Outgoing County Mayor Jim Coppinger said Tuesday morning that his final budget to the County Commission does not include a property tax increase.
He noted that the county schools did not ask for a tax hike, and he said county general government will not either. Spending in the current fiscal year is at $833 million.
The county fund balance (rainy day fund) is at $130 million. That is after a $16 million payment for McDonald Farm in Sale Creek.
To get to the balanced budget, he said $31 million had to be cut from $42 million in higher spending requests from the various departments and agencies.
The budget does not include the $71.4 million that the county is getting in American Rescue Plan funds. The county has gotten about half of that and is due to receive the remainder this month.
Thus far, the county has used $28,181,000 on Water and Wastewater Treatment projects, $3,325,000 on EMS ambulance upgrades, $656,000 for broadband expansion and $300,000 for the Lighthouse Collective.
County Mayor Coppinger said that employee compensation is the number one budget concern, including higher pay to recruit and retain employees in Emergency Medical Services, the Sheriff's Office (primarily corrections) and nurses, Highway Department workers, etc.
He said Highway Department employees "are woefully underpaid." The budget is to include funds to raise those employees to at least $31,000 per year. Some now are paid $23,000. The minimum pay will be above $15 per hour.
Sheriff Jim Hammond said earlier that he needs over $6 million to raise the pay of correctional officers at the Silverdale Detention Center. He said correctional officers are leaving faster than new ones can be hired to take their place.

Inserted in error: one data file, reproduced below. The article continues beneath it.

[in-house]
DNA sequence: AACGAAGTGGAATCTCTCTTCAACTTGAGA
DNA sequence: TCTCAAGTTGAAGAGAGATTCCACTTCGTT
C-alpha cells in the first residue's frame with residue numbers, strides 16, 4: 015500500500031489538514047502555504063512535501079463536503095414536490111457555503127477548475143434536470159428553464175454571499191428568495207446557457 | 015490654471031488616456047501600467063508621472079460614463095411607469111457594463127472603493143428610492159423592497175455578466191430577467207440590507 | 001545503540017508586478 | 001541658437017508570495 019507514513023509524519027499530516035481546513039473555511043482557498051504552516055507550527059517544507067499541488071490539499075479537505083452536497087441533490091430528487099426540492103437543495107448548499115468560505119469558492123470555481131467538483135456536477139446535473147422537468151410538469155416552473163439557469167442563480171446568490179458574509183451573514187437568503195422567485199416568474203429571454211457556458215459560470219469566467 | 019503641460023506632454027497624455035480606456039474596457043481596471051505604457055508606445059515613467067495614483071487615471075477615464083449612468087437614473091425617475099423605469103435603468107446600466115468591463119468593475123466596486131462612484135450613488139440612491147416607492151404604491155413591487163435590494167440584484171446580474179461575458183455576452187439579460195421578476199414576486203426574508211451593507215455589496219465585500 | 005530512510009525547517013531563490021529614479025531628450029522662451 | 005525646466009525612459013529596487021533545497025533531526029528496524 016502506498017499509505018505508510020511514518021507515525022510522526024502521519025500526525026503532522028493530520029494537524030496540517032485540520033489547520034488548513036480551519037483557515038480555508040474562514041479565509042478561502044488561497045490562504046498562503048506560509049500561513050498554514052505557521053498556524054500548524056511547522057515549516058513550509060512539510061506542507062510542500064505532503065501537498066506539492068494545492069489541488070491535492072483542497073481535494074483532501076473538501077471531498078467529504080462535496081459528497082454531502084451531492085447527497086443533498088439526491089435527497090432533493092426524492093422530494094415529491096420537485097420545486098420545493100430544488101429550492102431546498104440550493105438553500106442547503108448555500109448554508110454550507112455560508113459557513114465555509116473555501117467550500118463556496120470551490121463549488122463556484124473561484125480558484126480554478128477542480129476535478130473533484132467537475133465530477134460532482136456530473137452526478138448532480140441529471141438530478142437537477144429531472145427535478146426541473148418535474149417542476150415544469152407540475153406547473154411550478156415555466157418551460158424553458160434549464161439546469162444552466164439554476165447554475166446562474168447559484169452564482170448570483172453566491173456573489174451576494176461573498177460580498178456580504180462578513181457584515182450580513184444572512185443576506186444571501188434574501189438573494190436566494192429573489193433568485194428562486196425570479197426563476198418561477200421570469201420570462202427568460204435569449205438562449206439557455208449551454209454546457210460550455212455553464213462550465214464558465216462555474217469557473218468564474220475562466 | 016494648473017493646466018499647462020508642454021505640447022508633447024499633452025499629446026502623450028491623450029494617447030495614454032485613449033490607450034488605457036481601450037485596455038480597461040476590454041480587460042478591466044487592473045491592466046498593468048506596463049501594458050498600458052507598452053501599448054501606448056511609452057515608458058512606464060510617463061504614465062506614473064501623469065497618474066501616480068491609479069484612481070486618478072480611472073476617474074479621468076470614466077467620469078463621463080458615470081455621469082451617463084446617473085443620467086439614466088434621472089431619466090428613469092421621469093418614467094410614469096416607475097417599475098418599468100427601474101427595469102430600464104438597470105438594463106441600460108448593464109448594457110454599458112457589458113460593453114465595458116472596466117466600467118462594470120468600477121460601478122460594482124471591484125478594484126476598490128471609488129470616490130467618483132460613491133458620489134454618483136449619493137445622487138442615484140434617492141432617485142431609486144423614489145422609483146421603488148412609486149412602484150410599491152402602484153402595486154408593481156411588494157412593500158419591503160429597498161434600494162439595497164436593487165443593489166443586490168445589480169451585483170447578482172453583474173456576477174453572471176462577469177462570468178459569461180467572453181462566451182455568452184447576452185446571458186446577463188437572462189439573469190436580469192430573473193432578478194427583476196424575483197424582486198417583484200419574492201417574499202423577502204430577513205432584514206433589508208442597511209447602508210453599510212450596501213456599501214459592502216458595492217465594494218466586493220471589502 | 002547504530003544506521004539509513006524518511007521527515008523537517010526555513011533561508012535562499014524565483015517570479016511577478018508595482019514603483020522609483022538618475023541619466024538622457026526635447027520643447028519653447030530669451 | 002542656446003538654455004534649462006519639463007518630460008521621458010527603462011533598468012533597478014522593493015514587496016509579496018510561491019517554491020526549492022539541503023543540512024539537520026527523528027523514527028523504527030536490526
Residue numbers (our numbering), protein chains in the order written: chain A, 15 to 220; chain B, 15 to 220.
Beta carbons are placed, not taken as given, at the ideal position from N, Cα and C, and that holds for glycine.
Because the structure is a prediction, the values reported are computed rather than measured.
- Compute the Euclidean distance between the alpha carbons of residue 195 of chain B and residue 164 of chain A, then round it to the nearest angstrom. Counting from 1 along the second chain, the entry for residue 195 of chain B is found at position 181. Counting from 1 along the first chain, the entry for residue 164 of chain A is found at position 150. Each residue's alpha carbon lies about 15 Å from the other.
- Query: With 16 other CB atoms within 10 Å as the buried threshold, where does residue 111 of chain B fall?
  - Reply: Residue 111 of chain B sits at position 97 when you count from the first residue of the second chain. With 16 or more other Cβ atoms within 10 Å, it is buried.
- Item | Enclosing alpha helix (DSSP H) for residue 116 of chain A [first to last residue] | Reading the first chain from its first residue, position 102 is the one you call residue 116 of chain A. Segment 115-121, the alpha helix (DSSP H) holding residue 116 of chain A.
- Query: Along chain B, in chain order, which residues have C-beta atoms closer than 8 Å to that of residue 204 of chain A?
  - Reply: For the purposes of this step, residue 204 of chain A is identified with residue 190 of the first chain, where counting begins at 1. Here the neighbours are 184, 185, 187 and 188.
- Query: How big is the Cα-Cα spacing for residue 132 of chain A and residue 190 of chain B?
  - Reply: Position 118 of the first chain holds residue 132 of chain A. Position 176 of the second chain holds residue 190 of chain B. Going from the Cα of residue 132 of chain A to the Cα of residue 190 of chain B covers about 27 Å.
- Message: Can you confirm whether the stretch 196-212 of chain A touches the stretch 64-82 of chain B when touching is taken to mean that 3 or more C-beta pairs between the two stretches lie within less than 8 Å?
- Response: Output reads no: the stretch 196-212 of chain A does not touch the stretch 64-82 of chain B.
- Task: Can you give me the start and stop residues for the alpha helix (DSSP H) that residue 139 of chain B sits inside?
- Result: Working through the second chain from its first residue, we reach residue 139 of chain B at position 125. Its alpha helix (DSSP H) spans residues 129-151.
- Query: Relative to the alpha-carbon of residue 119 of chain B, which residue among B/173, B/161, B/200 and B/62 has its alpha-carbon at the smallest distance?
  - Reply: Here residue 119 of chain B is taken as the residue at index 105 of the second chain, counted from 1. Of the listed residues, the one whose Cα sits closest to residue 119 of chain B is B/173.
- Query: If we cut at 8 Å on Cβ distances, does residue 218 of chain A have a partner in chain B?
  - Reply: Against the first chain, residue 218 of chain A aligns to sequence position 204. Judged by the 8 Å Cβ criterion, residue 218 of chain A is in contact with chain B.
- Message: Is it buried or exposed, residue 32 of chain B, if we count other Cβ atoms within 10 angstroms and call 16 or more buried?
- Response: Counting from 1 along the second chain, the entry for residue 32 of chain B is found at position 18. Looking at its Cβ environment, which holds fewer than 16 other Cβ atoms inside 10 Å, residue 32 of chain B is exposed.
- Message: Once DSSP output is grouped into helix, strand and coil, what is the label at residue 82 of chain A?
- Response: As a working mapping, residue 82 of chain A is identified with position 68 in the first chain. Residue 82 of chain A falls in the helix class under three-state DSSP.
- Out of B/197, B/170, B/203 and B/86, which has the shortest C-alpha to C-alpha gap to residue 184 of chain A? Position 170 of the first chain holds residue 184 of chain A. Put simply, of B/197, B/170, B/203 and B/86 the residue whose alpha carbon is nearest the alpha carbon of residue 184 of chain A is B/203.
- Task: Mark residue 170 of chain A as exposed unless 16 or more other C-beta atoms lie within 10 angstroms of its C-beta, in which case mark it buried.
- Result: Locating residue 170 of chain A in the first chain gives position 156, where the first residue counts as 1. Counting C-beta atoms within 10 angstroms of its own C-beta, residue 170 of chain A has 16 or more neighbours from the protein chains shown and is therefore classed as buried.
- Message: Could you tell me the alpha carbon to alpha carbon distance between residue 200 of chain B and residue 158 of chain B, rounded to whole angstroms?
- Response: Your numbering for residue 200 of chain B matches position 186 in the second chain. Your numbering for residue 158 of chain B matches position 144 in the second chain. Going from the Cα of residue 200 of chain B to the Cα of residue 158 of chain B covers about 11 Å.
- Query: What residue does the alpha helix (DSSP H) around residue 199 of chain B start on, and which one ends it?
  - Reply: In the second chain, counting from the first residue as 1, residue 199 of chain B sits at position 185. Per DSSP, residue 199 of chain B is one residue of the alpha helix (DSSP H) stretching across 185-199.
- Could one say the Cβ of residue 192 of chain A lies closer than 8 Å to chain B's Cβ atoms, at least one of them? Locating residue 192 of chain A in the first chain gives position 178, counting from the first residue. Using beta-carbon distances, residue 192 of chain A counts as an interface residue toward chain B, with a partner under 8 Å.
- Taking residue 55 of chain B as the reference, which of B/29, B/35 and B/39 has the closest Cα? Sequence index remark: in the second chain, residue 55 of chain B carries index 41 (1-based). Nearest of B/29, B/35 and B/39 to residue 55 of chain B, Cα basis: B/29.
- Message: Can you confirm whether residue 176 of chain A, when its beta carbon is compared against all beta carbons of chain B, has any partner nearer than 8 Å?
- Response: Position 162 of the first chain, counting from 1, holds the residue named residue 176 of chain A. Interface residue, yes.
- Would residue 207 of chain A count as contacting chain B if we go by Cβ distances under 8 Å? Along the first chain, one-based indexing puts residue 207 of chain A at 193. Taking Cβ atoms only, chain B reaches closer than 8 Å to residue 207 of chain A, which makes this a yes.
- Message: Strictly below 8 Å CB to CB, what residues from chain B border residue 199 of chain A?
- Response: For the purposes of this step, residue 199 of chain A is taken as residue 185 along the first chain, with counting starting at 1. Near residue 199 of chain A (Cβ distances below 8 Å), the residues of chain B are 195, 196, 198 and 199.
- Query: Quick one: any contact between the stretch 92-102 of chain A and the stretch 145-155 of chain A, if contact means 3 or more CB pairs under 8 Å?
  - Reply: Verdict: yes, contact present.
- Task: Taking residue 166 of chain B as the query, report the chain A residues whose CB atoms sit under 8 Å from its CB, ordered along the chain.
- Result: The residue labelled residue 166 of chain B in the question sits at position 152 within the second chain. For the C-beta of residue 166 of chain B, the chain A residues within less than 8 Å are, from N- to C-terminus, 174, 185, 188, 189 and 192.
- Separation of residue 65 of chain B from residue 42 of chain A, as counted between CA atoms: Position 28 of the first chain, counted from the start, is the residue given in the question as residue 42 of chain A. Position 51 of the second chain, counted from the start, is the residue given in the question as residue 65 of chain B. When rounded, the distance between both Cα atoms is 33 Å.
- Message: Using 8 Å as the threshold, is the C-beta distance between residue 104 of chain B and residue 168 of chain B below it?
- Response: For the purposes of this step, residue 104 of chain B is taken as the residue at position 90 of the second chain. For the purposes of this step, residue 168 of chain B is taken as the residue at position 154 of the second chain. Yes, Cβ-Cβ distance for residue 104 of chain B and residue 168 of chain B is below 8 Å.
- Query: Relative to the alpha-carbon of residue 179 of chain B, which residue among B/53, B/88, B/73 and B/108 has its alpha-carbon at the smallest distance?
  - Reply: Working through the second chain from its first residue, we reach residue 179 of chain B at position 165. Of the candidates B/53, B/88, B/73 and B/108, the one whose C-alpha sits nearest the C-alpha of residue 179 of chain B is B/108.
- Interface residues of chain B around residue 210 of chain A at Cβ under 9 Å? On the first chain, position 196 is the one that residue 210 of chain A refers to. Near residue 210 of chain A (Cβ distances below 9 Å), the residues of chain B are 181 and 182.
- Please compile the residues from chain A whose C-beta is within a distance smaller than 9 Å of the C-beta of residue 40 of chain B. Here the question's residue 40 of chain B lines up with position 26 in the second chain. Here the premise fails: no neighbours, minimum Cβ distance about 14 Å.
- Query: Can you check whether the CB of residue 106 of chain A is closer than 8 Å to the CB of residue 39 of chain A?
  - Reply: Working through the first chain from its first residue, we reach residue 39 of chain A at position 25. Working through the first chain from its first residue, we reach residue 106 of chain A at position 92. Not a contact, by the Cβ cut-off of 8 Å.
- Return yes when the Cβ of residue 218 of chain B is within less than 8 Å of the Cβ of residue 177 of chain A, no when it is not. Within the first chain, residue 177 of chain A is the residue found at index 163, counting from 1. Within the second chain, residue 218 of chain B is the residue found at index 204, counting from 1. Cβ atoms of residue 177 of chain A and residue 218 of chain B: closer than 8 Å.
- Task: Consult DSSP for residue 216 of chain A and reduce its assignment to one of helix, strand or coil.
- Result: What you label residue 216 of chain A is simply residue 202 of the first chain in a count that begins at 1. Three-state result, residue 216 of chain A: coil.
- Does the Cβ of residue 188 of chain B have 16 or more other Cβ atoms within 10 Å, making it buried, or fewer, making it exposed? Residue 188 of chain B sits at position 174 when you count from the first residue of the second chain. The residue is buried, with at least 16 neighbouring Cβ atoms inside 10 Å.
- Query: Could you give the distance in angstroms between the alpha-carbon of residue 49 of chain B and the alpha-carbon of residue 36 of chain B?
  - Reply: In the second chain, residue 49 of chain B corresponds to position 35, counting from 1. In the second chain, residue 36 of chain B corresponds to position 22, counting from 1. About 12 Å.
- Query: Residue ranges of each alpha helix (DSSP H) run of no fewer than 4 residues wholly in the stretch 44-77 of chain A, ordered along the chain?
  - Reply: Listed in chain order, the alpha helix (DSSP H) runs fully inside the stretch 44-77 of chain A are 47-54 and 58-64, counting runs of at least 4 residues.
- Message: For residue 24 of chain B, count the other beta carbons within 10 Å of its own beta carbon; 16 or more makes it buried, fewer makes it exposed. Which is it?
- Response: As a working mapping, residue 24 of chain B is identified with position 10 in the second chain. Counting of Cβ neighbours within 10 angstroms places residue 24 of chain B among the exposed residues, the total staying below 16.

County Mayor Coppinger said there were many expenses associated with dealing with the COVID-19 pandemic, but all of those will be covered by federal or state funds. He said the Health Department is beginning to ramp down from its high staffing levels during the pandemic.
The county is projecting a $4 million growth in property tax collections and $2.6 million in the sales tax. The county, with fewer bed spaces for inmates, had a $2.5 million drop in boarding federal and state inmates. The county also lost a $1.9 million state grant for infrastructure. The county mayor said that will no longer be available.
A request had been made for an additional magistrate to handle cases at the jail. County Mayor Coppinger said that is not to be funded, but the budget includes $40,000 for fill-in magistrates.
He said the county will have a savings of $134,000 per year since payments to General Sessions Court Judge David Bales for disability will end in September.
Major increases were listed as capital outlay $15 million, debt service $2.85 million, volunteer services (fire departments) $2.25 million and the county attorney's office $497,000 (to deal with additional lawsuits, including many dealing with the jail).
Salaries and employee benefits are 54 percent of general fund budget requests.
Requests for additional employees include 17 EMS (absorbing East Ridge ambulance service), five at Parks and Recreation and two in the County Commission office. The Health Department will drop 27 employees hired to deal with COVID.
There will be no increase in health insurance costs.
Currently there are 2,015 full-time county employees. Requests are for 2,013.
The average salary of a full-time county employee is $48,778.